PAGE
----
Fig. 3.

Time course of elastase release from neutrophils adherent to platelets either (A) unstimulated and continuously rolling (□) or stimulated with 10−7 mol/L fMLP (▪); (B) stimulated with 1% ZAP as a source of C5a; or (C) stimulated with 1 ng/mL IL-8. Data are the mean ± SEM of least four experiments. Analysis of covariance showed that there was a significant effect of time and treatment on elastase release (P < .01) and that treatments with chemotactic agents were significantly different from control (P < .01), but not different from each other. One-way ANOVA showed that elastase release from control cells did not vary with time but that there was a significant effect of time on release for individual treatments with chemotactic agents (P < .05 in each case).

Elastase release from neutrophils adherent to purified P-selectin and albumin.

In a separate series of experiments, release of elastase from neutrophils adherent to platelets or adherent to purified P-selectin coimmobilized with albumin was compared. Superfusion of PAF did not induce an increase in release of elastase for either type of surface (Fig 4). However, fMLP induced release of elastase with equal efficiency on platelets or immobilized adhesion receptors (Fig 4). Adhesion per se was therefore required for neutrophil elastase release, but platelets were not essential.

Fig. 4.

Elastase release from neutrophils that were unstimulated and continuously rolling (□), stimulated with 10−7mol/L PAF (▧), or stimulated with 10−7 mol/L fMLP (▪) while adherent to platelet monolayers (Platelets) or 5 μg/mL purified recombinant P-selectin coimmobilized with 1% BSA (P-sel/Alb). Data are the mean ± SEM of three experiments. ANOVA showed that there was a significant effect of treatment on release of elastase but that adherent substrate did not affect release. Paired t-test showed that elastase release from fMLP-but not PAF-treated cells was significantly increased (**P < .01) compared with rolling unstimulated control cells on either adhesive substrate.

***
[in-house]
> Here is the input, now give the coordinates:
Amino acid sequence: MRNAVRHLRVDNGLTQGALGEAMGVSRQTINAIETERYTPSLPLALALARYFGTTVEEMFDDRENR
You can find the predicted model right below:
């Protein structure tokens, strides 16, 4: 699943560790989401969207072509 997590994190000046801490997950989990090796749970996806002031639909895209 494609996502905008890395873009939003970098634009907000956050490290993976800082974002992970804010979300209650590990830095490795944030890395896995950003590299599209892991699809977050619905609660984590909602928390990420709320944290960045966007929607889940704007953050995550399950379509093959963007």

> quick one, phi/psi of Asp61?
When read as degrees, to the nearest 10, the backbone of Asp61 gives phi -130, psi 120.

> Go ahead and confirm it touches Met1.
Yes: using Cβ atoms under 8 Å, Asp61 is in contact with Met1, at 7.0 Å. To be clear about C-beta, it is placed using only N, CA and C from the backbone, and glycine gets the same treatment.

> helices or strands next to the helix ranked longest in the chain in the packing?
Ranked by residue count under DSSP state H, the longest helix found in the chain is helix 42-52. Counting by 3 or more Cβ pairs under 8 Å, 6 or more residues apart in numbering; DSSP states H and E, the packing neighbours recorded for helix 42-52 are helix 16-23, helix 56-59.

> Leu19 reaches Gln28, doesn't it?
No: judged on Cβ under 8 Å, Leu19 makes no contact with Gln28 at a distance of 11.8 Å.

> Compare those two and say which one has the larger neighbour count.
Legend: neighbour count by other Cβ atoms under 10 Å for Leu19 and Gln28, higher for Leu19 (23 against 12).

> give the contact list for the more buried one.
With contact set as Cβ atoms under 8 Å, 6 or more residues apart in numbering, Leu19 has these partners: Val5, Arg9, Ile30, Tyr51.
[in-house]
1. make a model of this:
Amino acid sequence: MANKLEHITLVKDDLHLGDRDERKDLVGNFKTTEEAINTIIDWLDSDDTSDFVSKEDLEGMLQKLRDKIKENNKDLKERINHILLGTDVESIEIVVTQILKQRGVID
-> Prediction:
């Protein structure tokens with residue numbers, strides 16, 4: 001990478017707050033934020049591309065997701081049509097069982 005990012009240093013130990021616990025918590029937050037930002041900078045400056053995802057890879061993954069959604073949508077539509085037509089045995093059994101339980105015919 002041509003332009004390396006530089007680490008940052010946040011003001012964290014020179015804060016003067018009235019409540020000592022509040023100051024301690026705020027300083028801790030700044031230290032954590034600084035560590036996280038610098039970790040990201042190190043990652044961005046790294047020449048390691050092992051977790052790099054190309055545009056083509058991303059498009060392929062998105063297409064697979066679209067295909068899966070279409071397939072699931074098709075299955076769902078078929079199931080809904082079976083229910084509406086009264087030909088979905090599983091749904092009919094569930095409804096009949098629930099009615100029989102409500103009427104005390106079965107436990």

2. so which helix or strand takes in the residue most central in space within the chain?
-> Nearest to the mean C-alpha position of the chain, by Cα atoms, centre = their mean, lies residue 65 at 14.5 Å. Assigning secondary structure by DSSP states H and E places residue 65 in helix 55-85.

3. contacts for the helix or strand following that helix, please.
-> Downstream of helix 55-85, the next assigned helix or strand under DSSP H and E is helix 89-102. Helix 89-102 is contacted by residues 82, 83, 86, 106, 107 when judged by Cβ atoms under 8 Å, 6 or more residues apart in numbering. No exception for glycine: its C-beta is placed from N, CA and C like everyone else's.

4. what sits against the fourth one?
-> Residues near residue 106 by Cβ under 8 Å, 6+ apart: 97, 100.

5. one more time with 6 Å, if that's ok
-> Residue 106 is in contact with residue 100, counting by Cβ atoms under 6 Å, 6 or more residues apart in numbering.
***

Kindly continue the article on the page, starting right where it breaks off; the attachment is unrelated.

Fig. 4.

Elastase release from neutrophils that were unstimulated and continuously rolling (□), stimulated with 10−7mol/L PAF (▧), or stimulated with 10−7 mol/L fMLP (▪) while adherent to platelet monolayers (Platelets) or 5 μg/mL purified recombinant P-selectin coimmobilized with 1% BSA (P-sel/Alb). Data are the mean ± SEM of three experiments. ANOVA showed that there was a significant effect of treatment on release of elastase but that adherent substrate did not affect release. Paired t-test showed that elastase release from fMLP-but not PAF-treated cells was significantly increased (**P < .01) compared with rolling unstimulated control cells on either adhesive substrate.

Adhesive requirements for neutrophil elastase release.

Using adhesion blocking MoAbs, we investigated the role of the neutrophil integrin CD11b/CD18 and the platelet rolling receptor P-selectin in elastase release from neutrophils activated with fMLP on platelet monolayers. In the presence of antibodies against CD11b or CD18 neutrophil, elastase release was significantly reduced by between 50% and 60%. However, blockade of P-selectin at the time of delivery of fMLP had no effect on elastase release (Fig 5).

Fig. 5.

Elastase release from neutrophils adherent to platelet monolayers in the presence of 10−7 mol/L fMLP (Control) and an MoAb against either P-selectin (Anti-P-sel), CD18 (Anti-CD18), or CD11b (AntiCD11b). Data are the mean ± SEM from three experiments. Paired t-test showed that elastase release from cells in the presence of CD18 or CD11b antibodies was significantly lower (*P < .05) than in untreated control cells.

Fig. 5.